21 December 2008. Drosophila have proven a valuable tool for studies of biochemical pathways related to memory and to neurodegenerative disease. That trend continues with a new paper showing that the Notch cell-surface receptor is linked to memory formation in flies through activation of a downstream adhesion molecule, klingon. Notch is of interest to us humans as a substrate for the γ-secretase enzyme, along with the amyloid precursor protein, and has been implicated before in memory formation. The work, published in this week’s online edition of the PNAS by Minoru Saitoe and colleagues at the Tokyo Metropolitan University in Japan, gives the first inkling of what may lie between Notch and a lasting memory.
Other news this week involves researchers using our furry friends to understand the fundamentals of memory formation. One study, from the lab of Eric Klann at New York University in New York, finds that FKBP12, a receptor for immunosuppressive drugs, modulates memory and behavior in mice. In their paper in the December 11 Neuron, Klann and coworkers show that FKBP12 affects memory by regulating mTOR, a molecule that controls protein synthesis and autophagy, a pathway of interest to Alzheimer researchers. Finally, a study reported in the December 19 Science from Edvard Moser and colleagues at the Norwegian University of Science and Technology in Trondheim, reports on a new class of place neurons that allow rats to learn and remember the boundaries of their environment, an essential skill for navigation.
The γ-secretase substrate Notch is important in development but has also been implicated in synaptic plasticity, learning, and memory in adult mice (see ARF related news story and ARF news story). The territory between Notch and memory was uncharted, however, until first author Motomi Matsuno started studying a fly mutant that lacked the ability to make long-term memories. The reason, Matsuno found, was that the flies had a mutation in the klingon gene, which encodes a cell adhesion molecule obviously named by a Star Trek fan. The klingon mutants had normal learning and short-term memory, but had defective long-term memory (LTM) measured 1 day after odor-aversion training.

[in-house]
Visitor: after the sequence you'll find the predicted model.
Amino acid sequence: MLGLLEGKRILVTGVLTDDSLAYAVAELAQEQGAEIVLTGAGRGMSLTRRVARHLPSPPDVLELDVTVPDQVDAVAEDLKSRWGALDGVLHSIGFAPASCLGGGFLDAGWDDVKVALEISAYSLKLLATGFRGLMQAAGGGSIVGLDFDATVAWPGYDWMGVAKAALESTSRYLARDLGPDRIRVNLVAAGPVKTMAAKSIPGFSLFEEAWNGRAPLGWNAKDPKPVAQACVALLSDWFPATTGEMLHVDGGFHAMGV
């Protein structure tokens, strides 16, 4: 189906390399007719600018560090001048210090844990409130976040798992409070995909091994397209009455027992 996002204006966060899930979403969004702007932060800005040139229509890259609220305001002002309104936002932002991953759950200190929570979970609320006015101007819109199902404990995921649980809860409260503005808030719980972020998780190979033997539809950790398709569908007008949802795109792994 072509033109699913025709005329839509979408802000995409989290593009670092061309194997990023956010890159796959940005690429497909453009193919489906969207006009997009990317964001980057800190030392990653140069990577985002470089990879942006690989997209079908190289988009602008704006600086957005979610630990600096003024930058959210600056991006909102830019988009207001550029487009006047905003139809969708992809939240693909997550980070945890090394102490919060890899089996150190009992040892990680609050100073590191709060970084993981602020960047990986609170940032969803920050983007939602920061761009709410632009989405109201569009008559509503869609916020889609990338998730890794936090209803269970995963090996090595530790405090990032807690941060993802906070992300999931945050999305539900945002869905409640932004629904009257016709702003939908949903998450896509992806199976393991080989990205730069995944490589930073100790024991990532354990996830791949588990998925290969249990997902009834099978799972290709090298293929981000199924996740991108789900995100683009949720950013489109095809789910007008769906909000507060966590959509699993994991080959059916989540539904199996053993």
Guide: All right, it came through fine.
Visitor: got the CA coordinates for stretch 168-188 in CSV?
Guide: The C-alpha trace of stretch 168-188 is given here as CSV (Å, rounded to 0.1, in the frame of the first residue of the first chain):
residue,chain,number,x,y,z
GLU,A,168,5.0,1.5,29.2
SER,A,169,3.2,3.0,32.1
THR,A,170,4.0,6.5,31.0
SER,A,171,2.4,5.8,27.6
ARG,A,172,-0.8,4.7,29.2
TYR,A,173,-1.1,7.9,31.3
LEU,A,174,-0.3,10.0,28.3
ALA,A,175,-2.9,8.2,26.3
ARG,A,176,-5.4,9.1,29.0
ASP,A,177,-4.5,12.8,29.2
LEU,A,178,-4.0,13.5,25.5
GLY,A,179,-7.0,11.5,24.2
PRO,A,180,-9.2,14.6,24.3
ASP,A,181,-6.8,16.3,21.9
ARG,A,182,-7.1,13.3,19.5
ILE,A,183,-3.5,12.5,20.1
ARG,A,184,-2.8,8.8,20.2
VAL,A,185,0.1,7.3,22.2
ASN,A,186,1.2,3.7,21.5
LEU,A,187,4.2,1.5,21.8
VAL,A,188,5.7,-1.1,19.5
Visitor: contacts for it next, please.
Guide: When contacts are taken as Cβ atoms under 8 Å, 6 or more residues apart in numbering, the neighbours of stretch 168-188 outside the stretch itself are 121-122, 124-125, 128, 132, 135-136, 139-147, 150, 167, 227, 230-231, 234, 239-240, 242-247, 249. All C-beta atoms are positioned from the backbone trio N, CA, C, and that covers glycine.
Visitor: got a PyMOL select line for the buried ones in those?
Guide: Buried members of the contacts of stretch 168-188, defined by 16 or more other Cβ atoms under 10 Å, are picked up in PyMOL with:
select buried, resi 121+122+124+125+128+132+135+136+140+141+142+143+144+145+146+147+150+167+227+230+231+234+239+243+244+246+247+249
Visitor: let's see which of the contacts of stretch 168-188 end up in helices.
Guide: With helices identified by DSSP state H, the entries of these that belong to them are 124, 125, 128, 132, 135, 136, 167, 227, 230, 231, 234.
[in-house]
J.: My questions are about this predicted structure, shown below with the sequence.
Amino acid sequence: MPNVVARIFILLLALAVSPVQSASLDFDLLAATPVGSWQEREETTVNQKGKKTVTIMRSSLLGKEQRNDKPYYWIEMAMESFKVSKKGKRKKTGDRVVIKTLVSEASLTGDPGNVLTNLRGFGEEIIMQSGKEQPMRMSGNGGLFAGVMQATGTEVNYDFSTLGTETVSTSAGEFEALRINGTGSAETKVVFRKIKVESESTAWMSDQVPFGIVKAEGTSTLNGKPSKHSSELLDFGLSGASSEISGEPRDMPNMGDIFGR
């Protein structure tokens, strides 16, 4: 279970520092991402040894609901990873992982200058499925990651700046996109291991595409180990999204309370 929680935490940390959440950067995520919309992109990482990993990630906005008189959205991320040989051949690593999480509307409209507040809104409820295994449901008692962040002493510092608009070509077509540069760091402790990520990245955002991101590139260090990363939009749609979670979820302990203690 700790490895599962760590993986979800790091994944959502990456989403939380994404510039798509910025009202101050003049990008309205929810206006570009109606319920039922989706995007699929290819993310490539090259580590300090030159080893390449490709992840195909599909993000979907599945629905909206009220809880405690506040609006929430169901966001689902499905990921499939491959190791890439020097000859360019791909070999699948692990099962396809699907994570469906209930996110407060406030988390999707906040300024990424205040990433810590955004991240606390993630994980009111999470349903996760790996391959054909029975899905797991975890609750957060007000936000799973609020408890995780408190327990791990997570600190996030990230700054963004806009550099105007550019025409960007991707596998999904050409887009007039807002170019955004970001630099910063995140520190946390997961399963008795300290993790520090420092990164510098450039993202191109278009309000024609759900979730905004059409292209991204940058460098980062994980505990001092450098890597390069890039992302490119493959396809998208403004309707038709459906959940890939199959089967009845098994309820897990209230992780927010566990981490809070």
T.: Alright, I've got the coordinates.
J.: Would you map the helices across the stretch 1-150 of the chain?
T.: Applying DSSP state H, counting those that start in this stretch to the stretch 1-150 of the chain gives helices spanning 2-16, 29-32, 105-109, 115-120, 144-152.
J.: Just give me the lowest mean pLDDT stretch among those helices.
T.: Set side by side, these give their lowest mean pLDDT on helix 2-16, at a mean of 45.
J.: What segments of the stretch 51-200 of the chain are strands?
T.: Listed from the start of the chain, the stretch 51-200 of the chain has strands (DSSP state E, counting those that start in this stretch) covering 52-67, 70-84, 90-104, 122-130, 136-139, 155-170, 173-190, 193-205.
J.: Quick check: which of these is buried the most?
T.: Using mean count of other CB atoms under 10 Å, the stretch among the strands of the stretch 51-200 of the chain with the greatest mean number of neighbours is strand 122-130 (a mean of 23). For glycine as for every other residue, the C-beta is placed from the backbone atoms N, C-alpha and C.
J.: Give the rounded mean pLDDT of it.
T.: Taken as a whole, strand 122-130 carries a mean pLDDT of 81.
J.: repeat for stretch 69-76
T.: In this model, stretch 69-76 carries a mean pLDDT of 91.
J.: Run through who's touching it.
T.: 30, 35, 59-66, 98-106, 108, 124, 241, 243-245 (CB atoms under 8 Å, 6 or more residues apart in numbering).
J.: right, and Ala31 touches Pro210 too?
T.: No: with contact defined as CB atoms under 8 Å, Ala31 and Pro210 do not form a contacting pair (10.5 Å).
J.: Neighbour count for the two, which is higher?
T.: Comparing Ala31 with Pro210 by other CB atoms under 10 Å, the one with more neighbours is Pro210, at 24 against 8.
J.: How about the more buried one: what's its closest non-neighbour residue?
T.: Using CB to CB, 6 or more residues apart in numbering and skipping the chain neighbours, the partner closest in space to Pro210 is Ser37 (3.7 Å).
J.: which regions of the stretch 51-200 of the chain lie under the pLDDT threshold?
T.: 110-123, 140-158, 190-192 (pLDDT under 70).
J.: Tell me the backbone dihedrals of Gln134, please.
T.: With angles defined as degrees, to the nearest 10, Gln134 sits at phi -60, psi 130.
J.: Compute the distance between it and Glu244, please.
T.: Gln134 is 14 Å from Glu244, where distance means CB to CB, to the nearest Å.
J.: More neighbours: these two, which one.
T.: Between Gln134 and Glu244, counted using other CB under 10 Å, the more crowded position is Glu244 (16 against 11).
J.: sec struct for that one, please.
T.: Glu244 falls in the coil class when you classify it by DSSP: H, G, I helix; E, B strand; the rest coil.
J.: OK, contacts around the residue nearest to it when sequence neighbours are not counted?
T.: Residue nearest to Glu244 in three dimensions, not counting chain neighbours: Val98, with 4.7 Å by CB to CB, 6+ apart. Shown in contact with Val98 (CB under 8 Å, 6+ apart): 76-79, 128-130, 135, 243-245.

Because klingon mutants had a similar phenotype to Notch mutant flies, the investigators looked for a possible interaction between the two proteins. They found that the Klg protein was required for LTM. Expression of the protein increased after flies were trained to avoid an unpleasant odor, and blocking that induction with RNAi also blocked memory formation. Klingon expression appeared to be regulated by Notch. Flies expressing a dominant-negative Notch mutant show lower long-term memory induction, and, the researchers found, displayed less Klg protein induction after training. Flies overexpressing WT notch had both higher induction of Klg and better long-term memory. The increase in Klg protein required the processing of Notch and production of its intracellular domain fragment. Finally, the researchers showed that Notch-dependent memory formation required Klg: Flies that lacked Klg did not experience Notch-dependent long-term memory formation. They concluded that regulation of klingon is an essential step for Notch-dependent LTM formation.
The need for Notch processing means that proper long-term memory may require presenilin-dependent γ-secretase activity. This might raise another obstacle on the road to the use of γ-secretase inhibitors aimed at shutting down Abeta production. With the advent of inhibitors that apparently prevent APP processing while allowing Notch cleavage to proceed, these worries may be lessened (see ARF related news story). On the flip side, presenilin mutations associated with familial AD not only alter processing of amyloid precursor protein, but can also severely impair Notch processing. That has led to the idea that loss of Notch signaling could contribute to memory impairment in AD (reviewed in Costa et al., 2005).
How Notch regulates klingon is not clear. A direct effect on gene transcription is unlikely, since Klg mRNA levels were unchanged by the training protocol. Protein synthesis is a key step in consolidation of memories, and the authors speculate that Notch intracellular domain induces other factors that regulate protein synthesis or turnover of Klg.
Mice That Never Forget?